Fritz Stammberger

Fritz and Diane moved into the house across the alley from our house. There was no question that any 11-year old kid who could run a Heidelberg press could easily be trusted to take care of a few month old infant, metal safety pins and all. Besides, if there was any problem, my parents were just across the alley and the town itself was only a few blocks long. Fritz and Diane wouldn’t be far.

As Anton grew older I was a favorite babysitter. Fritz would always say, “You should be a psychiatrist.” This was his commentary on my diplomacy and the ease with which I could affect the trusting responses of children and adults alike. I would swell with pride and make some comment. “What does everybody hate?” Fritz would say.

But being a smart-ass was an accusation that would continue to follow me throughout my life.

Self-confidence was something I had learned from Fritz and my hard-working but life-loving parents. It amplified the voice of my muse. It led me to take unreasonable chances filled with faith and confidence that the voice of the universe wouldn’t lie to me. It was the voice that led me to so many great successes in my life and that helped me make lemonade, as they say, when it seemed I’d been dealt a lemon.

Self-confidence is not arrogance, though this would often be the accusation from friends, family or companions who felt the ease and serendipity in my life was somehow unjust as they struggled along.

Truth be told, I was struggling daily in my own ways and it didn’t take many missteps to see that the voice of the universe was my best and most reliable guide and friend.

Recently I was at a party at a blacksmith’s studio and ran into a friend I hadn’t seen or heard from in over 40 years. After a few minutes of enthusiastic recollections, I was genuinely surprised when he commented, “I was always amazed by your focus and determination to go after what you wanted.”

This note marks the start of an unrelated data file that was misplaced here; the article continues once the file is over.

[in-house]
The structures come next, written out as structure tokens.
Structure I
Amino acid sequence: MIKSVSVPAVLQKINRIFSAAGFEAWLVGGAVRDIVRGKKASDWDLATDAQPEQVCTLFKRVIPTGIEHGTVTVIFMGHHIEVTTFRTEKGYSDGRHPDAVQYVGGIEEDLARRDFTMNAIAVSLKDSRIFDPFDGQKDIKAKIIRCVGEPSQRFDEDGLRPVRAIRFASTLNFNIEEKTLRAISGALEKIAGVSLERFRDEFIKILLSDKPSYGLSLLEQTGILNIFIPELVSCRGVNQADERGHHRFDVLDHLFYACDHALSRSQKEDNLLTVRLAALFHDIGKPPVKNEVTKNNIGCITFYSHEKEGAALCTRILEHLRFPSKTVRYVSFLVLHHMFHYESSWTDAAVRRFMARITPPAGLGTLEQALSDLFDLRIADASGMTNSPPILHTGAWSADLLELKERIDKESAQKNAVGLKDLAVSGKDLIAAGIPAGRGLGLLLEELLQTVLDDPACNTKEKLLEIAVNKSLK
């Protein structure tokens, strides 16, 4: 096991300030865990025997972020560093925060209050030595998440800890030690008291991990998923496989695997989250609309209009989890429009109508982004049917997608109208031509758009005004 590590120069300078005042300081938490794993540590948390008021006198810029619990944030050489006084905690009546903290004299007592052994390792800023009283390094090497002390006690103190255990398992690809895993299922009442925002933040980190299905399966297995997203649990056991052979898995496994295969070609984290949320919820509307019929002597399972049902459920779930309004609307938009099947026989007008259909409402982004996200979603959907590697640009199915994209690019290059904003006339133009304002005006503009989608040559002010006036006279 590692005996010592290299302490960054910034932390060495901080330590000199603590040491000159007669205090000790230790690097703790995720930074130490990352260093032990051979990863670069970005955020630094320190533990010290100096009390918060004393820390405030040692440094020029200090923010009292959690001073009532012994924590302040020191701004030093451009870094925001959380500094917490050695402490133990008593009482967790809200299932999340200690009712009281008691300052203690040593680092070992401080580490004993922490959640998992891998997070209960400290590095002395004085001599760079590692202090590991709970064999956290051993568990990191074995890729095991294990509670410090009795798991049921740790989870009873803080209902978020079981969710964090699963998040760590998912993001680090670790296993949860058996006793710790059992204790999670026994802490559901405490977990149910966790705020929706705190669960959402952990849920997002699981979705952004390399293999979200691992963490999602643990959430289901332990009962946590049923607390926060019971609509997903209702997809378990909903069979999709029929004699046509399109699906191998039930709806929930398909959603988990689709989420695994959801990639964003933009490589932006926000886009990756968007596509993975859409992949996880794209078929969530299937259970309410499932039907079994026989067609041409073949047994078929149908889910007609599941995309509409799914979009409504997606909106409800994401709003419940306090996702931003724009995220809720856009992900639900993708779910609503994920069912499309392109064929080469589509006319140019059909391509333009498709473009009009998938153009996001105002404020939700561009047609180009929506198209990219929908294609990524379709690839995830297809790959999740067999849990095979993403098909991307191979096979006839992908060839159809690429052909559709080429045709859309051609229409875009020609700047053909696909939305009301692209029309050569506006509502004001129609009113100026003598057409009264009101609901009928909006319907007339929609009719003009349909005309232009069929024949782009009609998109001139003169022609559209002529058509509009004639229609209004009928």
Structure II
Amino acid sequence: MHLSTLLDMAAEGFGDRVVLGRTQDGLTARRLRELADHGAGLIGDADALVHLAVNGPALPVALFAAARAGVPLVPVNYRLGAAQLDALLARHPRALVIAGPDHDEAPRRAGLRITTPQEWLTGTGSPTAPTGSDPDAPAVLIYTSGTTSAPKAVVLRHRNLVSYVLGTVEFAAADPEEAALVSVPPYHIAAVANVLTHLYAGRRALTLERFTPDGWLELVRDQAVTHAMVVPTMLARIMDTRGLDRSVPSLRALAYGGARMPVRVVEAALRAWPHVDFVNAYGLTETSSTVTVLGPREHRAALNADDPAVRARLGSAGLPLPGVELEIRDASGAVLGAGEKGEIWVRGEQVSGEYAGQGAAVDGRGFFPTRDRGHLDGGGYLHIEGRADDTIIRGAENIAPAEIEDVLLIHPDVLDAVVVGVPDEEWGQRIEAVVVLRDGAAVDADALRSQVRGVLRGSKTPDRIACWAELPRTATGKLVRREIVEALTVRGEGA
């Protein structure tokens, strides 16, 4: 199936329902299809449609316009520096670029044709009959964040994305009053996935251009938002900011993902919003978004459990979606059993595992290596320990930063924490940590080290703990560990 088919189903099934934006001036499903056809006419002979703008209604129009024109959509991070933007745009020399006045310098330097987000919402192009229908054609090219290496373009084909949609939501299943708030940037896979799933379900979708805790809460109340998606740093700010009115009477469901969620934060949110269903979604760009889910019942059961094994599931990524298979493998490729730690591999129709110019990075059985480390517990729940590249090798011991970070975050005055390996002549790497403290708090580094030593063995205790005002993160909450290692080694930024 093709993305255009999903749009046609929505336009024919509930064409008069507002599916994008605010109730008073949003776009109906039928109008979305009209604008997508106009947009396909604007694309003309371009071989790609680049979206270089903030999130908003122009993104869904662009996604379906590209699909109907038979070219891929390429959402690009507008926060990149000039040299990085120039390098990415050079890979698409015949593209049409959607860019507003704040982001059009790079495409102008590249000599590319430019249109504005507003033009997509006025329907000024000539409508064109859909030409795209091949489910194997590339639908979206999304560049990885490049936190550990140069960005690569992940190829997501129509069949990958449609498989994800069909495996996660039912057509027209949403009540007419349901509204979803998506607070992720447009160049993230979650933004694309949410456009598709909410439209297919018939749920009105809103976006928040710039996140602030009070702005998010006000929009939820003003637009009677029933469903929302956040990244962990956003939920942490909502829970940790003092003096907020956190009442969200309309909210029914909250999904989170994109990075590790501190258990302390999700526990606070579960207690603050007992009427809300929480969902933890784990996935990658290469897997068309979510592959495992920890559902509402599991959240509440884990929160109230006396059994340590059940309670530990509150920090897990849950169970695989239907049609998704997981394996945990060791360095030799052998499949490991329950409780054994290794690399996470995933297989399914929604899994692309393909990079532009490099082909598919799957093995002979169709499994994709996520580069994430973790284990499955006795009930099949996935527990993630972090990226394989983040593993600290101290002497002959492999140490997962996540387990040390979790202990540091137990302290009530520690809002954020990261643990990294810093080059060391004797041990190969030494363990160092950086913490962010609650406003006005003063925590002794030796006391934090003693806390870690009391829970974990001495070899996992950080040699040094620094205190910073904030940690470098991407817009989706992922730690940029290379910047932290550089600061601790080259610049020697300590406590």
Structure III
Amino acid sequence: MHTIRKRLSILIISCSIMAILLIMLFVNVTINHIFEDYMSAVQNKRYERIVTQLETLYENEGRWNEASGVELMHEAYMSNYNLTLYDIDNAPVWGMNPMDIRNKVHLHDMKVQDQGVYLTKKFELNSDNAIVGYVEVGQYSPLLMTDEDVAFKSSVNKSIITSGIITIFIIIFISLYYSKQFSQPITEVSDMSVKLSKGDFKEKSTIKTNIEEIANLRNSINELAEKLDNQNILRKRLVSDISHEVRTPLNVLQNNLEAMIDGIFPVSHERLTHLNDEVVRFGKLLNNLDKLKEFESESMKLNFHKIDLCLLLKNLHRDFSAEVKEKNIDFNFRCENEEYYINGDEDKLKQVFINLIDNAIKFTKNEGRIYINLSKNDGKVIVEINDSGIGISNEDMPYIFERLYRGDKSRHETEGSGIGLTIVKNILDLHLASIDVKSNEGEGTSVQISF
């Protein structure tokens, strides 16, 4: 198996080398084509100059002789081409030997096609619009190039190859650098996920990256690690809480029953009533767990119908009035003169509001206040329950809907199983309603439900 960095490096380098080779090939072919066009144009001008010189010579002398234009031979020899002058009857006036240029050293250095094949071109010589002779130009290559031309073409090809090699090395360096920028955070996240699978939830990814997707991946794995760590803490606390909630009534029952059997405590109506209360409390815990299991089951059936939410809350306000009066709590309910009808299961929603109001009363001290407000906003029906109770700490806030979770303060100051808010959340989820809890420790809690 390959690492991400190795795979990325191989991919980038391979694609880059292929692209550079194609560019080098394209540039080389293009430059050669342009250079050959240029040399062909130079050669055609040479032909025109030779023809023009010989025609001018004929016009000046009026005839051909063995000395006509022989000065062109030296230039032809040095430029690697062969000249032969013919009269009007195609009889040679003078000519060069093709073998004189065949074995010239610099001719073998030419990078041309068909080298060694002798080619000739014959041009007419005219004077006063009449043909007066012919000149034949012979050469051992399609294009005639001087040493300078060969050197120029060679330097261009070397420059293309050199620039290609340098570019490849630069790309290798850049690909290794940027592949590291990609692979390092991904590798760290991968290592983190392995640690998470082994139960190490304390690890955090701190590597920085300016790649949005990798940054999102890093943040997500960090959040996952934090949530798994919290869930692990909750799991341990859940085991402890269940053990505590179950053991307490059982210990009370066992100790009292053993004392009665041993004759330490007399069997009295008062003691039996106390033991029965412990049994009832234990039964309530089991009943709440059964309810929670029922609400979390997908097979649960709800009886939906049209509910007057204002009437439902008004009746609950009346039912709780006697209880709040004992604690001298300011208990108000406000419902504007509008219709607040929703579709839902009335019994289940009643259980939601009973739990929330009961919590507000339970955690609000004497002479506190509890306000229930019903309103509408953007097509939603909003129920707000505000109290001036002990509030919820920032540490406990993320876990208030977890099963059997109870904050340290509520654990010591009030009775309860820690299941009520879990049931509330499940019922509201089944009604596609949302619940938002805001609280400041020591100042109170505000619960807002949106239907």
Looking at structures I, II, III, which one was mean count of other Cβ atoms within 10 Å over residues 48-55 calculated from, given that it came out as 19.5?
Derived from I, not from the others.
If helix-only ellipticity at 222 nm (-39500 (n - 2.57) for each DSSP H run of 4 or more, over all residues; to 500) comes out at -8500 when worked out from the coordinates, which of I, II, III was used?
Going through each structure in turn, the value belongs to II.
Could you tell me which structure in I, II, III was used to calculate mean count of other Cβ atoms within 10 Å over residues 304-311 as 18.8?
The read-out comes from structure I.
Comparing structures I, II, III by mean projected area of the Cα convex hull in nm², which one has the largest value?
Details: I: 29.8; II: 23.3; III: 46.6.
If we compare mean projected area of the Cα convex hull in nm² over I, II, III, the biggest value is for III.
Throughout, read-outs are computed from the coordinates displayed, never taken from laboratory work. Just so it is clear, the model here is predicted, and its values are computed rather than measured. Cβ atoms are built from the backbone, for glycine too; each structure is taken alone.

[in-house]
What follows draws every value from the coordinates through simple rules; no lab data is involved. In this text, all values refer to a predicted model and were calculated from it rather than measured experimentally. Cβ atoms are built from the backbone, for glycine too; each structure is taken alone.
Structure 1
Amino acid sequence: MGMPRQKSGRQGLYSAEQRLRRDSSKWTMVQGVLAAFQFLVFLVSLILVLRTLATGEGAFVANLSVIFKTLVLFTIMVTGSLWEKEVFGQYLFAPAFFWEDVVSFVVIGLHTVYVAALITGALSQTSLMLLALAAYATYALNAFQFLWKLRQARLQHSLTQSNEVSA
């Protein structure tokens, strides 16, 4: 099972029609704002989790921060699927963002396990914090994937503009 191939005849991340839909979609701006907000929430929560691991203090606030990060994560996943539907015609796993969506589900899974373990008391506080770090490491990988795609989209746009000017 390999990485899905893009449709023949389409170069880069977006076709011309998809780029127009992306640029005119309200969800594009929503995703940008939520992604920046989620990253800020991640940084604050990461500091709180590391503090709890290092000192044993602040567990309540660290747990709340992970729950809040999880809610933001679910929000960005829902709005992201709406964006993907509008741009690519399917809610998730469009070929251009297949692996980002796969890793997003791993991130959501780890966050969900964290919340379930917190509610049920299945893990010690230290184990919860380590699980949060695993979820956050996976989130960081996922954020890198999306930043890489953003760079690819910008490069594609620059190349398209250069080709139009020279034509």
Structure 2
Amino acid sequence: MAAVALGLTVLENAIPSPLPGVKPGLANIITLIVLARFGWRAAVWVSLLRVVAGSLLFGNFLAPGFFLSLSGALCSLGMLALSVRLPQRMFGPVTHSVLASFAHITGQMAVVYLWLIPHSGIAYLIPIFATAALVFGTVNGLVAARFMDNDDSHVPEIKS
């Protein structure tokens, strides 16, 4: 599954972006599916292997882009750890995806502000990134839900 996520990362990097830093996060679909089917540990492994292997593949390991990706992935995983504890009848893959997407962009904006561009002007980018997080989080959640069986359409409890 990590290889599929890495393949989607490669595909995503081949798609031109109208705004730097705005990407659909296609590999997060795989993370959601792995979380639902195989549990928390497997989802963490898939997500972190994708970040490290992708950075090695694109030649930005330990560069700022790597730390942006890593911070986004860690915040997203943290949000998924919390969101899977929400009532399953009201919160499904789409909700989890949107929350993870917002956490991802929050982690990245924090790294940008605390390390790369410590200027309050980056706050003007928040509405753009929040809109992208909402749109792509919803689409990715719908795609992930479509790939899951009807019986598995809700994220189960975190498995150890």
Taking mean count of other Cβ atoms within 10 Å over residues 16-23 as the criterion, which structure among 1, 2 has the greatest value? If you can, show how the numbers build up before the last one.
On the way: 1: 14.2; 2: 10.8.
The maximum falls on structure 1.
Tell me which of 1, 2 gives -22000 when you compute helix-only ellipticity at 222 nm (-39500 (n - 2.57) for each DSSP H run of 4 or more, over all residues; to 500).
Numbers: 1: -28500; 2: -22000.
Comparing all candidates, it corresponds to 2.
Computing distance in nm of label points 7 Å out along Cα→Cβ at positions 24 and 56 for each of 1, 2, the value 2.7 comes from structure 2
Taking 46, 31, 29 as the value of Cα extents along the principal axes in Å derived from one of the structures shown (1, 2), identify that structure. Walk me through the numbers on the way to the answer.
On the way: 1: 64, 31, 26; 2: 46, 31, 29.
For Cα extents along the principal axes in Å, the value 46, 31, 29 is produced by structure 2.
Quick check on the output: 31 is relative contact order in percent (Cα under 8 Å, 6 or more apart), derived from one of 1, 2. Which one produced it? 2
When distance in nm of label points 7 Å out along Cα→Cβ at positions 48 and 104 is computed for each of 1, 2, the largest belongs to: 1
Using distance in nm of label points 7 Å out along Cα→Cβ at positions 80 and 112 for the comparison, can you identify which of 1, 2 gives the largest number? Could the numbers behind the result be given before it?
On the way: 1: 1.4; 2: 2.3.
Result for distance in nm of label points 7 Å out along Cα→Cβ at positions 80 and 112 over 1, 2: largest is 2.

No. I wasn’t being a smart-ass. I was simply over-achieving in response to my feeling of never measuring up or being enough.

I suppose I could thank my over-achieving Mom for this, with many of the same feelings herself, but it wasn’t until I was in my mid-thirties in Hollywood when my  close friend, Ray Underwood, would ask me a question that would change my life.

“You are so brilliant and talented. Why are you so full of self-sabotage?”

It was the first time I had heard the term. It wasn’t the last time I would reflect on those words. I would hear it another way some 20 years later. “Why would you put your best effort into running a marathon and then quit just short of the finish line?”

I had some work to do.


I have always thought I had a lot to say…

April 9, 2009

…and, until now, I was my best audience and reader.

But, I was always writing to readers outside myself. It is how I tried to stay honest and clear. Sometimes it worked. Sometimes, perhaps, it didn’t. But, by having a picture of my readers clearly in my mind, my audience existed separated from me only by time.

Since writing exists in a realm above and beyond time, I am able to read works created years, even centuries outside my time as fresh as the day the pen met the page. So, 40 years after I began, I continue to write for an audience I cannot see, but I know our paths will cross.

This is the magic of the written word. It is the tie that binds.

It is our immortality.